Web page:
Manufacturer's Suggested Retail Price (MSRP), also known as "sticker" price, is a recommended selling price that automakers give a new car that is above the invoice price paid by the dealer. It is a price that does not include any options that can be added to a particular car style. When shown as a range, the prices are starting MSRPs, without options, for multiple styles for that model.
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Expert Reviews 1 of 5
By Al Haas
September 14, 1998
Ford's redesigned F-350 pickups certainly separate the urban cowboys from the people who put trucks to serious use. The popular F-150 is often used as a work truck, of course, but it is a relatively light-duty full-size pickup that's employed
as a car substitute more frequently than as a beast of burden. The heavier-duty F-350, on the other hand, is driven by folks with a lot of weight to carry or tow. That can mean anything from a building contractor who wants to fill the cargo bed
with concrete blocks to a country squire with a four-horse trailer. Consider the payload and towing capacity of the F-350 I tested compared with the F-150: Thanks to its heavy structure and powerful available engines, the F-350 can haul as
much as 6,975 pounds, and tow up to 14,534 pounds. The test vehicle, a regular-cab, four-wheel-driver equipped with Ford's gutsy new V-10 engine and a four-speed automatic, had a payload of 4,450 pounds (well over two tons) and a towing capacity of 14,100
pounds (over seven tons). By comparison, a regular cab, 4wd F-150 with automatic has a maximum payload of 1,740 pounds, and a trailering limit of 7,800 pounds. The demarcation line between the regular-duty Ford pickups and the more
commercially oriented Super Duty F-Series trucks such as the F-350 pickup is a gross vehicle weight (GVW) of 8,500 pounds. (A GVW of 8,500 means the vehicle can be loaded until it weighs a total of 8,500 pounds, including the weight of vehicle.)
Thus, the regular-duty pickups include the F-150 and the F-250 with a GVW of less than 8,500 pounds. The Super Duty F-Series pickups include the beefier, over-8,500-pound F-250 and the F-350. The new-for-1999 F-350 doesn't have a body design
as avante garde as the F-150's. But it is one heck of a lot more stylish than its predecessor. The hood sculpting is pronounced, and the grille, with its rectangular shape and rounded corners, evokes the retro look of the front end on the full-size Dodge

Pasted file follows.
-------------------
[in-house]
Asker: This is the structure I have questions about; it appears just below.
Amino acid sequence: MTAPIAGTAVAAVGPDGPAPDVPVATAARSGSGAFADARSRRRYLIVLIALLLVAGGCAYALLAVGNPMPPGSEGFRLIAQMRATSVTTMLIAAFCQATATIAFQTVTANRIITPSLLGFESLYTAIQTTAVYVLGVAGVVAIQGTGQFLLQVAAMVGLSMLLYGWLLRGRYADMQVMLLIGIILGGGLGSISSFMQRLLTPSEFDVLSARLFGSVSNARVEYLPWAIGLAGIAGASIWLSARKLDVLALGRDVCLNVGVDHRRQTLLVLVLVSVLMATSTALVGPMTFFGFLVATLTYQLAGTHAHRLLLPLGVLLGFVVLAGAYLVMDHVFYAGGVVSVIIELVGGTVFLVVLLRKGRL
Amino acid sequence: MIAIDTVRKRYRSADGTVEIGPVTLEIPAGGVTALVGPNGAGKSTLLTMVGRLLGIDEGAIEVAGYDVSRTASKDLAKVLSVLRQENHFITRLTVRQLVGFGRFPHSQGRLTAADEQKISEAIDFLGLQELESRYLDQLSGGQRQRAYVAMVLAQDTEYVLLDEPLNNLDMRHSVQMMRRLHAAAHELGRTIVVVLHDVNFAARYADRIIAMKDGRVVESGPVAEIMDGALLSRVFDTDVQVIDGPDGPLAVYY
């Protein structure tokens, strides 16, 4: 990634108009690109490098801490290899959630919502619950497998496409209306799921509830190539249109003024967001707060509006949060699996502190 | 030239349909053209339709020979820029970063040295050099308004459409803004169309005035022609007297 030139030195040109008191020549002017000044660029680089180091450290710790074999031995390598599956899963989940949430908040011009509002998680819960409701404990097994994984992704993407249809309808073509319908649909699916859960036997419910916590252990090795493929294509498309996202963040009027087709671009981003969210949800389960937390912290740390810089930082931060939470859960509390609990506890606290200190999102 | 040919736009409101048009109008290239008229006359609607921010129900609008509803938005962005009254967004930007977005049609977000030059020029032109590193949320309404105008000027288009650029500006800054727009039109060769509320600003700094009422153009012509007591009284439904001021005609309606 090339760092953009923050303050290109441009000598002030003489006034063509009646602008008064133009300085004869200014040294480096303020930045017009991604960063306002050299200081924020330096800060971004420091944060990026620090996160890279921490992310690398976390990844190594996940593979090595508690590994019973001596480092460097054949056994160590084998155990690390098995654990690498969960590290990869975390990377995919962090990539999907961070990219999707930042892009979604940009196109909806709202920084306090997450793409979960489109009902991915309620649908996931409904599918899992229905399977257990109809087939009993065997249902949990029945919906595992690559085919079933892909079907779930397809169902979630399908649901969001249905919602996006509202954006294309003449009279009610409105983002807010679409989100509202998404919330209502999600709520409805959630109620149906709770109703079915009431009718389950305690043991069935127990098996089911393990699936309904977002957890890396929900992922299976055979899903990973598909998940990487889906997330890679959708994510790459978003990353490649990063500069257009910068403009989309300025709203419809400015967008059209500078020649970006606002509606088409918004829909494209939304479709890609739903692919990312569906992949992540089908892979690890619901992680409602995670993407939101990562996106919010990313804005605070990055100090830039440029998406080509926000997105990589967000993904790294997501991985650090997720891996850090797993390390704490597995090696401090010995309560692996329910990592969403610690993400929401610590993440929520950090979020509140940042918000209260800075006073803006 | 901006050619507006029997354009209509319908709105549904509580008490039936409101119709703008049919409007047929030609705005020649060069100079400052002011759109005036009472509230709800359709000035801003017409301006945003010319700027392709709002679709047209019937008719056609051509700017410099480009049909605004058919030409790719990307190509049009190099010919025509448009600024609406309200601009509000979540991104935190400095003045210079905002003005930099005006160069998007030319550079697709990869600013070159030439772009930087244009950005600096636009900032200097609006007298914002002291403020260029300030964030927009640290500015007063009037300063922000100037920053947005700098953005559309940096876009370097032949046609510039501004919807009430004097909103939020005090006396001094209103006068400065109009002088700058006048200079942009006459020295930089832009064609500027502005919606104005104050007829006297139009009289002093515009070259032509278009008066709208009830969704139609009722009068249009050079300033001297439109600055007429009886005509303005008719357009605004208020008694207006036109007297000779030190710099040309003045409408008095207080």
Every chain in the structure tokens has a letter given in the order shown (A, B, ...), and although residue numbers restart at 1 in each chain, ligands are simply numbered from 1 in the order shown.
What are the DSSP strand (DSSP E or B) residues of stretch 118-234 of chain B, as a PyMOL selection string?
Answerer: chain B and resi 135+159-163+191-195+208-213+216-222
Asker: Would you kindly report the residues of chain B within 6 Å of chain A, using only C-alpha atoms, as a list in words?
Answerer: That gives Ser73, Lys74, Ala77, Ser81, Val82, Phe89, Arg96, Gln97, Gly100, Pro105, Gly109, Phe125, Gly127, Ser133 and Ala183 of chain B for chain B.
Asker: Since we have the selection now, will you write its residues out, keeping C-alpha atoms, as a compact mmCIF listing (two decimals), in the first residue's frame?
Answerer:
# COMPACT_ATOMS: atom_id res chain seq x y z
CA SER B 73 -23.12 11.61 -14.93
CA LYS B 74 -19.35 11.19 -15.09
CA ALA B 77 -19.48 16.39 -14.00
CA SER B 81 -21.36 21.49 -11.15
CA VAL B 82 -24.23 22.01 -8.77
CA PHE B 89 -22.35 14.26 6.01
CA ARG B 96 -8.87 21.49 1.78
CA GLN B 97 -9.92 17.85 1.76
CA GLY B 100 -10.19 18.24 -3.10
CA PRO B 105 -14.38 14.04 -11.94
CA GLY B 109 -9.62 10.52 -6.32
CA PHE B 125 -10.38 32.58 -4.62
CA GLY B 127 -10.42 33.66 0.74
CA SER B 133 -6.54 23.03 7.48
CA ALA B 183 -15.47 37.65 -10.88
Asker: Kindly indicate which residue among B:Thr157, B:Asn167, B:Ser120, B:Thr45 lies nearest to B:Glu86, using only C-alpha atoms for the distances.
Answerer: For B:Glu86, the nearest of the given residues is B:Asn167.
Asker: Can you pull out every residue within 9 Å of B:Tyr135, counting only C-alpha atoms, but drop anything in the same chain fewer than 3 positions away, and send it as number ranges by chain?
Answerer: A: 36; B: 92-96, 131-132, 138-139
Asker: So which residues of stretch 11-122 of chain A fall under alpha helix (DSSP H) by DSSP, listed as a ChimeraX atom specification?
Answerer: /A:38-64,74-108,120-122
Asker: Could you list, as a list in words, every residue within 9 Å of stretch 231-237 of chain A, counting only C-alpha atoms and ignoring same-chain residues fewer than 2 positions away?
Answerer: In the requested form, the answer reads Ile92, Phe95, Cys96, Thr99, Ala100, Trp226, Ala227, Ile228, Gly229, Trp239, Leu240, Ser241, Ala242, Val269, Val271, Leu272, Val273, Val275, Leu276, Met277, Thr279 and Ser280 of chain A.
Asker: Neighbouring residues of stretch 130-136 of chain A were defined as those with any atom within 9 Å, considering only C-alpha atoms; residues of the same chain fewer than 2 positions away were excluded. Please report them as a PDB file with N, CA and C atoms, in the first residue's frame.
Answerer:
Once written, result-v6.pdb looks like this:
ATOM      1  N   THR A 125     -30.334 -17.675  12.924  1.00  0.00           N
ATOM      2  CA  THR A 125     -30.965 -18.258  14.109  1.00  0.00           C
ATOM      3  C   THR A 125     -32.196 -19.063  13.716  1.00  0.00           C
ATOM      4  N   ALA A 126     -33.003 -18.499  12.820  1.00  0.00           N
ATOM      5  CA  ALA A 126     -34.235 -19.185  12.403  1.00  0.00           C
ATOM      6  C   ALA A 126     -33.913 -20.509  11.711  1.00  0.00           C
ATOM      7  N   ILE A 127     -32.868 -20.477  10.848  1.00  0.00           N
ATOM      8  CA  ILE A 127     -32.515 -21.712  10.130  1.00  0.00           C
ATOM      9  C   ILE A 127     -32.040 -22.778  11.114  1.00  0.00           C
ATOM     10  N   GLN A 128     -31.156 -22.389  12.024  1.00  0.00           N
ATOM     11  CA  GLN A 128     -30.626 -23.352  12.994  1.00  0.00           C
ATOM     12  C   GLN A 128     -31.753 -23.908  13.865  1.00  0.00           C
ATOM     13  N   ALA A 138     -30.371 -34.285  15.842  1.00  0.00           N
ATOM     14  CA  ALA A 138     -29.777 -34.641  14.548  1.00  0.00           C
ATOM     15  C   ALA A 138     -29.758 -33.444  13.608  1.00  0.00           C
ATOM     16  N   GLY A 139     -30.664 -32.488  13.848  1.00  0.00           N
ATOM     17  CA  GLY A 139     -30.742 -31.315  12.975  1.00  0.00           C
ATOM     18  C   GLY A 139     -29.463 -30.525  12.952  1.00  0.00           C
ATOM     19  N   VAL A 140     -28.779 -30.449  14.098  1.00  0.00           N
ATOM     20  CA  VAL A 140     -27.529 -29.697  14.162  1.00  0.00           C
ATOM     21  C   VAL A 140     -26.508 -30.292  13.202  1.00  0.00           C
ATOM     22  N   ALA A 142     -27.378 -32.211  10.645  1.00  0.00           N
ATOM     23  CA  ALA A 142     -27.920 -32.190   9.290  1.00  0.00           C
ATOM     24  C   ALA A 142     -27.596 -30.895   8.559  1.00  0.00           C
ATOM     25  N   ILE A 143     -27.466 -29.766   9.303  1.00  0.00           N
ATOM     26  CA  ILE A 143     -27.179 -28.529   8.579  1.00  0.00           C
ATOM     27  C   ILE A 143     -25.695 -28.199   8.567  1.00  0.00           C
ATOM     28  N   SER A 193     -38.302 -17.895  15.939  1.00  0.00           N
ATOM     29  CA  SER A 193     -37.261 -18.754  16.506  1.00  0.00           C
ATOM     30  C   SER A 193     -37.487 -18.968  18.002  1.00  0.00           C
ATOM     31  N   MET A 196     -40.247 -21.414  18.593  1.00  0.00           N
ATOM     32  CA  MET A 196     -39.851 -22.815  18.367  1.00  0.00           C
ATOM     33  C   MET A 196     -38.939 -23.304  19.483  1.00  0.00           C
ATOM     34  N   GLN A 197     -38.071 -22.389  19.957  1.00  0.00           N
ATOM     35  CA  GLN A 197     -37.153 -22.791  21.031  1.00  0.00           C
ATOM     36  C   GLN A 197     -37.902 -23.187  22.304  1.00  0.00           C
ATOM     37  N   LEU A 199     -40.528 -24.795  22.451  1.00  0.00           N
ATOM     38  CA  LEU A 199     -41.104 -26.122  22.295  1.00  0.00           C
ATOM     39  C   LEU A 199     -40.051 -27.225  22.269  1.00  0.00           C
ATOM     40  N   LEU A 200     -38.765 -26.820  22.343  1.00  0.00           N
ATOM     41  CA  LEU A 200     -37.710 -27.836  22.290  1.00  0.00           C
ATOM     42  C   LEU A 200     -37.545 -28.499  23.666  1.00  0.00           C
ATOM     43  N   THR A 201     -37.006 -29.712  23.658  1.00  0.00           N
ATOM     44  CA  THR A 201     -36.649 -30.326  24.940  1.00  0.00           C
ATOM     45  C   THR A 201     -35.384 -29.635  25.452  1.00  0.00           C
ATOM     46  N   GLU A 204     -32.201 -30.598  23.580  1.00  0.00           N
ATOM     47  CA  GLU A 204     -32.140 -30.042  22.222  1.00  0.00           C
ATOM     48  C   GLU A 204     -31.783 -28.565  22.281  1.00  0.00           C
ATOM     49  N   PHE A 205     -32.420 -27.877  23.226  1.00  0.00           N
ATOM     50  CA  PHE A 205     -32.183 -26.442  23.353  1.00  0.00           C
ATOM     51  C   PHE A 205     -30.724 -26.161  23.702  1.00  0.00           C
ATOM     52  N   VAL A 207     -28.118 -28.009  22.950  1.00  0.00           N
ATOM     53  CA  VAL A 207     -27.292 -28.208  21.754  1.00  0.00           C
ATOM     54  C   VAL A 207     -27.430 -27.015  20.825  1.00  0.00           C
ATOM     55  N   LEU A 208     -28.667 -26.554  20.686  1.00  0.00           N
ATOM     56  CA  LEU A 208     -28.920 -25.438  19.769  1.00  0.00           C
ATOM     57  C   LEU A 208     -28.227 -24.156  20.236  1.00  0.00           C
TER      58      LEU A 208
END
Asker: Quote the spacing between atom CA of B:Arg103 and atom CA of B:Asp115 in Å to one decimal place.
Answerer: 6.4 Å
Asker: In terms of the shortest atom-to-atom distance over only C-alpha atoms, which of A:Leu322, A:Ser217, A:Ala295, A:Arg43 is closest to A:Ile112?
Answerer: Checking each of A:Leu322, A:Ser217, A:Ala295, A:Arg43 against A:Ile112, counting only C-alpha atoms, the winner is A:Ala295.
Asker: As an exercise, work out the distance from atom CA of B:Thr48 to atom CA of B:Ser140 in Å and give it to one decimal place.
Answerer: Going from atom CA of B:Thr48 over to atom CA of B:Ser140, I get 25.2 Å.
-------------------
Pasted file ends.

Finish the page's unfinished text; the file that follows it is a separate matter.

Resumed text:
Ram pickup. Like the F-150, the F-350 tester had a surprisingly comfortable, carlike cab. The comfort ranged from supportive seats to handy controls and instruments. I thought the clever bench seat added a comfortable and convenient touch: It
included a center backrest section that could be folded down to create a large armrest/console complete with a storage compartment. But getting into that cab wasn't quite as comfortable and carlike in the lofty 4wd F-350. It was a bit like
climbing up into your tree fort. The climb didn't bother me nearly as much as it bothered my wife, who is less than 5-foot-2. Her annoyance grew even more when I asked her to get behind the wheel and give me some driving impressions. "It
doesn't have an assist handle on the driver's side," she complained. "I guess they assume 'the little woman' will always be the passenger." The interior's comfort was complemented by a heavy dose of quietude, which was achieve
d through the designers' considerable efforts to isolate sound and vibration. If the comfort and sound levels in the F-350 tester rivaled those of the F-150, the ride and handling did not. The F-350 has much heavier fish to fry, and that greater
load capacity is reflected in a choppier ride, and a less athletic demeanor in brisk turns. The F-150 is a sleek running back compared with this offensive tackle. In addition to giving away ride and handling to get the F-350's Samsonesque
work ethic, you give up fuel economy, as well. This is because the F-350 weighs significantly more than a comparable F-150, and is powered by considerably larger engines. The base engine in the F-350 is a 5.4-liter V-8 that develops 235 horsepower
and a substantial 335 foot pounds of torque, which is the key measure of truck engine performance. The tester was equipped with Ford's brand-new 6.8-liter V-10, an option that whips up 275 horses, and a whopping 410 foot pounds of
rque. Real torqueophiles can get the F-350 with an improved 7.3-liter diesel V-8 that engenders 235 horses, 500 foot pounds of torque, and superior fuel economy. Because of its considerable GVW, the F-350 isn't assigned EPA mileage ratings. The
V-10 F-350 I drove got a hair over 10 miles per gallon in predominantly city driving. FORD F-350 XLT 4X4 Base vehicle: Part-time 4wd with manual locking hubs, 5.4-liter engine, five-speed manual transmission, power disc/drum brakes, power
steering, 16-inch alloy wheels, LT265/75RX16 all-season tires, driver air bag, air conditioning, power doors, power windows, power mirrors, tilt steering, cruise control, stereo/cassette, split bench seat with console feature, front tow hooks.
Test model: 6.8-liter engine, four-speed automatic transmission, limited-slip differential, four-wheel anti-lock braking system, passenger air bag, trailer towing package, sliding rear window, spare tire and wheel, trailer tow mirrors, roof clearance
lamps, chrome rear step bumper, power driver's seat, keyless entry. Base price: $23,880 Test model: $29,555 EPA city rating: N/A Test mileage: 10 Warranty: Three years/36,000 miles.